The simplest conceivable form of life (e.g., bacteria) contains at least 600 different protein molecules. Each of these molecules performs specific functions by fitting into other molecules shaped in exact three-dimensional spacial arrangements. These proteins work like a key fitting into a lock–only a specifically shaped protein will fit. Yet there are multiple trillions of possible combinations of protein molecules and shapes. How could the exactly required shape find the exactly correct corresponding protein in order to perform the required cellular function?

The mathematical probability that the precisely designed molecules needed for the “simplest” bacteria could form by chance arrangement of amino acids (these are the chemicals that link up to form proteins) is far less that 1 in 10 to the 450th power. Most scientists acknowledge that any probability less that 1 in 10 to the 50th power is considered an impossibility. One wonders why this “impossibility” is being taught as a “fact of science” to millions of schoolchildren each year.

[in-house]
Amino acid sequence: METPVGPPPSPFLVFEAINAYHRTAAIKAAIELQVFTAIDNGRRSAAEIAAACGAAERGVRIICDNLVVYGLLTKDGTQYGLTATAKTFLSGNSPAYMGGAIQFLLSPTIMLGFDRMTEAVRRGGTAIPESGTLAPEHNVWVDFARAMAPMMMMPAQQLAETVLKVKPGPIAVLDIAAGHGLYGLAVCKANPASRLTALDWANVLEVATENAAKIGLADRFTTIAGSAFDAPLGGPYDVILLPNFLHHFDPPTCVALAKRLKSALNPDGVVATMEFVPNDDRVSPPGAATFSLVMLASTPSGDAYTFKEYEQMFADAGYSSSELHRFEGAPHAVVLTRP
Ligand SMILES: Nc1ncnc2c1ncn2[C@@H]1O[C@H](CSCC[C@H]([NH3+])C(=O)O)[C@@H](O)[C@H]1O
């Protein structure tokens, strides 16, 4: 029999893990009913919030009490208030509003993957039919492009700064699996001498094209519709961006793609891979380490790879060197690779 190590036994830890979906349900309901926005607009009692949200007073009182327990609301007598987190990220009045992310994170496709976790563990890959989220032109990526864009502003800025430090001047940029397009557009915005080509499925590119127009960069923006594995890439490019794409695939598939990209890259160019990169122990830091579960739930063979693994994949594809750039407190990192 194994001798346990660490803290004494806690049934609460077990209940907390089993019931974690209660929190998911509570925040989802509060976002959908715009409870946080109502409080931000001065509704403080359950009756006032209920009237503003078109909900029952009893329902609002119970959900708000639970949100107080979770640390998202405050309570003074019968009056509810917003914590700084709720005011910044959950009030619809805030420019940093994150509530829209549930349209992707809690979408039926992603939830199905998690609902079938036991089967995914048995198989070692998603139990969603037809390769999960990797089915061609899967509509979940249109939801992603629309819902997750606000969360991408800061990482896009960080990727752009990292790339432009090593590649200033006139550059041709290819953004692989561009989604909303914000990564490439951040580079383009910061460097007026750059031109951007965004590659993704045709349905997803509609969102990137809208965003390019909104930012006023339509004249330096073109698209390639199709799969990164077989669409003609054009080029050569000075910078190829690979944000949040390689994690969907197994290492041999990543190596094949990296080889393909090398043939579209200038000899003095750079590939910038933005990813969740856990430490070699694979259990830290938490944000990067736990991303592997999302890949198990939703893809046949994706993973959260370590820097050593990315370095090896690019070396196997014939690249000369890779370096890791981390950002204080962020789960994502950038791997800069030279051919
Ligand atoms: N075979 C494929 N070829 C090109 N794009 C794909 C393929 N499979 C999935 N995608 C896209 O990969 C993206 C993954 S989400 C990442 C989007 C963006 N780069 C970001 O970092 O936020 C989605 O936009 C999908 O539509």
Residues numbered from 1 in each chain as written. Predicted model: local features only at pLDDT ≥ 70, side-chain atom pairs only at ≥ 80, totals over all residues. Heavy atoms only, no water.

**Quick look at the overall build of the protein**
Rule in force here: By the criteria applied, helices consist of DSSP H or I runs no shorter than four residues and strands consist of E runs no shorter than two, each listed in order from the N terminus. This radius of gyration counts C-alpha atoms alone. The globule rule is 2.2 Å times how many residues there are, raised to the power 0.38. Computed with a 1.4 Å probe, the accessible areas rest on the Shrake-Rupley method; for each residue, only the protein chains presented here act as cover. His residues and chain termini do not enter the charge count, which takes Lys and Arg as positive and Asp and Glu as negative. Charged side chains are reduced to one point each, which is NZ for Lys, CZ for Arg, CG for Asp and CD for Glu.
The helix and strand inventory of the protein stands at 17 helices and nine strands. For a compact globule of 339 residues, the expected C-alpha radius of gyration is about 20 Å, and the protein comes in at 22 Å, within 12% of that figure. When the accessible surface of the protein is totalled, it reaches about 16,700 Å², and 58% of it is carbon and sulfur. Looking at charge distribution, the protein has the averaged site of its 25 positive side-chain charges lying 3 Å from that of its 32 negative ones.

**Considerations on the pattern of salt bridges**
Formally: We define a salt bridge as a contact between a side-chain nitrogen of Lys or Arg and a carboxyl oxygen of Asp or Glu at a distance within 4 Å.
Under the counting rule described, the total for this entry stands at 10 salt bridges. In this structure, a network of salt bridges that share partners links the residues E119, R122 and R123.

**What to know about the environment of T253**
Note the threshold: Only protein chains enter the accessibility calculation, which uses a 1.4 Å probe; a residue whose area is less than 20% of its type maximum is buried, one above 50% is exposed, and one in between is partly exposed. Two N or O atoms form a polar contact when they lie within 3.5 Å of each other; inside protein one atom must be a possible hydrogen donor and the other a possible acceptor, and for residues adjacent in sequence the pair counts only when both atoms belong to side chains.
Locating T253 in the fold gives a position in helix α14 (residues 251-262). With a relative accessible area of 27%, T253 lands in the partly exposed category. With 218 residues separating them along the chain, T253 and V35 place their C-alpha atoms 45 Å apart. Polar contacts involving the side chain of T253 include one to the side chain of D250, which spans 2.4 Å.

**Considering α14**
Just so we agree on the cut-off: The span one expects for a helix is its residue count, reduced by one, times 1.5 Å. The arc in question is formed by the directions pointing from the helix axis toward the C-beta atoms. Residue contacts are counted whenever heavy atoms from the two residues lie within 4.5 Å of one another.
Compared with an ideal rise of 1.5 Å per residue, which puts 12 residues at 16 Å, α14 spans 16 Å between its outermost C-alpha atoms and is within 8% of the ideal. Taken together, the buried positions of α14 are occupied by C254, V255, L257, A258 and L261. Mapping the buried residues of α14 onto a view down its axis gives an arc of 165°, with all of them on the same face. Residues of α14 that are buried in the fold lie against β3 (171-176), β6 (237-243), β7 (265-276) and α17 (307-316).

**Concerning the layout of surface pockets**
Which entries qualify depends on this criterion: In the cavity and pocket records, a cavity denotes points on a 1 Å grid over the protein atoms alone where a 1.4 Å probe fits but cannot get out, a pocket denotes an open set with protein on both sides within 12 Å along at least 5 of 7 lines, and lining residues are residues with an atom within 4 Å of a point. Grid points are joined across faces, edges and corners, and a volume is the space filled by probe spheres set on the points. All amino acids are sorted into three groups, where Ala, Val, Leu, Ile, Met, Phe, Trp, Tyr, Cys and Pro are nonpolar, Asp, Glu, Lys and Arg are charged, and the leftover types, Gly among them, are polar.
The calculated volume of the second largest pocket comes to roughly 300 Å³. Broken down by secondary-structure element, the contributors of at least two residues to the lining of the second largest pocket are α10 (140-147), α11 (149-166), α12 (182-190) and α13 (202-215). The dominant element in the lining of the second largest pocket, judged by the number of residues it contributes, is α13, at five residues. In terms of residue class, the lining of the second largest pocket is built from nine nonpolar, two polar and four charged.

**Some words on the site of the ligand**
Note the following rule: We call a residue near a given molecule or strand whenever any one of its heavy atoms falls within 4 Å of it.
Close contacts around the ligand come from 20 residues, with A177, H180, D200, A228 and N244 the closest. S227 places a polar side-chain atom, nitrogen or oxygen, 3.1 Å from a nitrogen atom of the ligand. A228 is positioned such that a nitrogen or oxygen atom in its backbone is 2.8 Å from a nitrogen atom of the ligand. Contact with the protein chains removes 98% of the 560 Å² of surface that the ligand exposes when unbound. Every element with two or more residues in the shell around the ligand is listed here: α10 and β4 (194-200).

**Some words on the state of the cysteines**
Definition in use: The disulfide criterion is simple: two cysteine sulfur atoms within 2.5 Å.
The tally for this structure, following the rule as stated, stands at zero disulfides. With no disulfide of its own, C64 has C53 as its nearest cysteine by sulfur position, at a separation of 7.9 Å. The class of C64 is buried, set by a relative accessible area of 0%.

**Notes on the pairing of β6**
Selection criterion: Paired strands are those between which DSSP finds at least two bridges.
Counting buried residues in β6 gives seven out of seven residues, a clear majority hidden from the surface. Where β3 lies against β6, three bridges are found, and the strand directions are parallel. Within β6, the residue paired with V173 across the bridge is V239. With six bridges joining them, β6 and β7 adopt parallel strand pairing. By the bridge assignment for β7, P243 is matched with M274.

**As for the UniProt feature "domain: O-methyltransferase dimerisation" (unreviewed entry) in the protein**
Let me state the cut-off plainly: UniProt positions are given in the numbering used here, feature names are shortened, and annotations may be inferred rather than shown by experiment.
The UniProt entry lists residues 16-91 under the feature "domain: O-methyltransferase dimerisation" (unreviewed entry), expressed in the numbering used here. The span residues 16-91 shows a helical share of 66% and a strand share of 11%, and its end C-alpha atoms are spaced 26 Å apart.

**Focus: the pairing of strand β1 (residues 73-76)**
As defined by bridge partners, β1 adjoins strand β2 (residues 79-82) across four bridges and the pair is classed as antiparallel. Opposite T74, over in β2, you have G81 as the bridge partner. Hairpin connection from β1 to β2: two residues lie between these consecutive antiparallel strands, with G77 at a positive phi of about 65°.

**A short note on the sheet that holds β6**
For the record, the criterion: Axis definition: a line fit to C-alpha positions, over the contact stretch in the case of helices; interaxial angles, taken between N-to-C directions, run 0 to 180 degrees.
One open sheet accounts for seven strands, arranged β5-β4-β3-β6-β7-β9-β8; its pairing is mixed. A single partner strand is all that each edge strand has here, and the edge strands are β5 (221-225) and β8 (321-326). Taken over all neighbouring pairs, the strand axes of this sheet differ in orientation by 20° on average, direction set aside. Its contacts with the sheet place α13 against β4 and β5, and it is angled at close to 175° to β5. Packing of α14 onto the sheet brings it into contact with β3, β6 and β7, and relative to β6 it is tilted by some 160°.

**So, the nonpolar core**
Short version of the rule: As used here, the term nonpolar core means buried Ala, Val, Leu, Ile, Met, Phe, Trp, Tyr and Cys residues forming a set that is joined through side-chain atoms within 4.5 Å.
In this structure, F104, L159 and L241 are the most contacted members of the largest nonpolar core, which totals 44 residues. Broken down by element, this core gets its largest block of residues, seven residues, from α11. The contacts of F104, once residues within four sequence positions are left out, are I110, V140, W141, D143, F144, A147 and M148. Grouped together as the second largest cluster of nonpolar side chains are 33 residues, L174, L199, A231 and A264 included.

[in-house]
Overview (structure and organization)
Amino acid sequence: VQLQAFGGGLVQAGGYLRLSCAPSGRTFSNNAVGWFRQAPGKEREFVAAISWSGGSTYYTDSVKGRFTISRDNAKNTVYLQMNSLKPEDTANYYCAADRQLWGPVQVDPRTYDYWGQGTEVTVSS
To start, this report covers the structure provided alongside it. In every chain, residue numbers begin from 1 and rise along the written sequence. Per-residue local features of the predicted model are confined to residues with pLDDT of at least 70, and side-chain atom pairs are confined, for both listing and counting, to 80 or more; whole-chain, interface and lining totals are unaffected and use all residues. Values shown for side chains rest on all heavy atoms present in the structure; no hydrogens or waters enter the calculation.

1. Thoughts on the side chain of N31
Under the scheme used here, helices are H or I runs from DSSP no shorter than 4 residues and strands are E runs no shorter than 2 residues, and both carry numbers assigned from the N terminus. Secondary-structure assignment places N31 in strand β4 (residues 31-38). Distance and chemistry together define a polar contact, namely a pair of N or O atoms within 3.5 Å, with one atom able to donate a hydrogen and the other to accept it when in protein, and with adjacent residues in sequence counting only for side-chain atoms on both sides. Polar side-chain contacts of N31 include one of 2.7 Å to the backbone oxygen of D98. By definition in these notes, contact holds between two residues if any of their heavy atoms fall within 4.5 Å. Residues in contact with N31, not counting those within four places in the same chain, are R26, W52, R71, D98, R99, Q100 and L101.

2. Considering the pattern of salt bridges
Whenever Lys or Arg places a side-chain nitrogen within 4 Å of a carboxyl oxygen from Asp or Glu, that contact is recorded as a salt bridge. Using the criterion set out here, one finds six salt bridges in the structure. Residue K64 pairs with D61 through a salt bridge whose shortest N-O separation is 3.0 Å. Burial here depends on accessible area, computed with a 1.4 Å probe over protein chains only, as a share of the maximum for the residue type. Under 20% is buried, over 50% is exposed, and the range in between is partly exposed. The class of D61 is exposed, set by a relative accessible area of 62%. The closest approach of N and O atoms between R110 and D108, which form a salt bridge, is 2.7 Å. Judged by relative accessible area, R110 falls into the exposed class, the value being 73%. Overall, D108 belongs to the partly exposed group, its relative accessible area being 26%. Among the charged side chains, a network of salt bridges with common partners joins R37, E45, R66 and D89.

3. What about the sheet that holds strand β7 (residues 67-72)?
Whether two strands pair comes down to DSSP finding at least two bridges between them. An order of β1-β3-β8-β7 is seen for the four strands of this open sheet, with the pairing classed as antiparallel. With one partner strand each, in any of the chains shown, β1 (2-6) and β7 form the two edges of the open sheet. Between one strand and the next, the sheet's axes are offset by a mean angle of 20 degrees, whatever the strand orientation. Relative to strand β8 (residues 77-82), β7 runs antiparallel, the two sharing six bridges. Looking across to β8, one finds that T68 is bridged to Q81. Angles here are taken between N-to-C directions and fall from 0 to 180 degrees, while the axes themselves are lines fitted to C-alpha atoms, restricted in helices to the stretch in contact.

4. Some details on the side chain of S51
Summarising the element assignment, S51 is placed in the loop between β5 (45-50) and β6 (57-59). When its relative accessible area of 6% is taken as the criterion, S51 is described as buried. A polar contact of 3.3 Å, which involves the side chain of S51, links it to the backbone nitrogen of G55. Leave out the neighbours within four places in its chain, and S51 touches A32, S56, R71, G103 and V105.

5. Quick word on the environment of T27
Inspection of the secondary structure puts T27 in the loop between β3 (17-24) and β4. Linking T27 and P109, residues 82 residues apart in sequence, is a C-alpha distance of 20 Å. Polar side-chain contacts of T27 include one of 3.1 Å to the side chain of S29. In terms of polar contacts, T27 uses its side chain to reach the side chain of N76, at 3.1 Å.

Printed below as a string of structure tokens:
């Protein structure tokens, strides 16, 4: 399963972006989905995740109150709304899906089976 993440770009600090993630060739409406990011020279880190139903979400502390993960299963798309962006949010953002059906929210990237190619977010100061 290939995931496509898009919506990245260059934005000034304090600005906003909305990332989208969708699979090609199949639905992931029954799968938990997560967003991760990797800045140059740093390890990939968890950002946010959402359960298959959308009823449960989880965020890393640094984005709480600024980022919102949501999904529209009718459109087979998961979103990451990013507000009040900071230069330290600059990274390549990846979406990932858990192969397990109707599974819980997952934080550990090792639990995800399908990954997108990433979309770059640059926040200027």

From A Closer Look at the Evidence by Kleiss, August 7.

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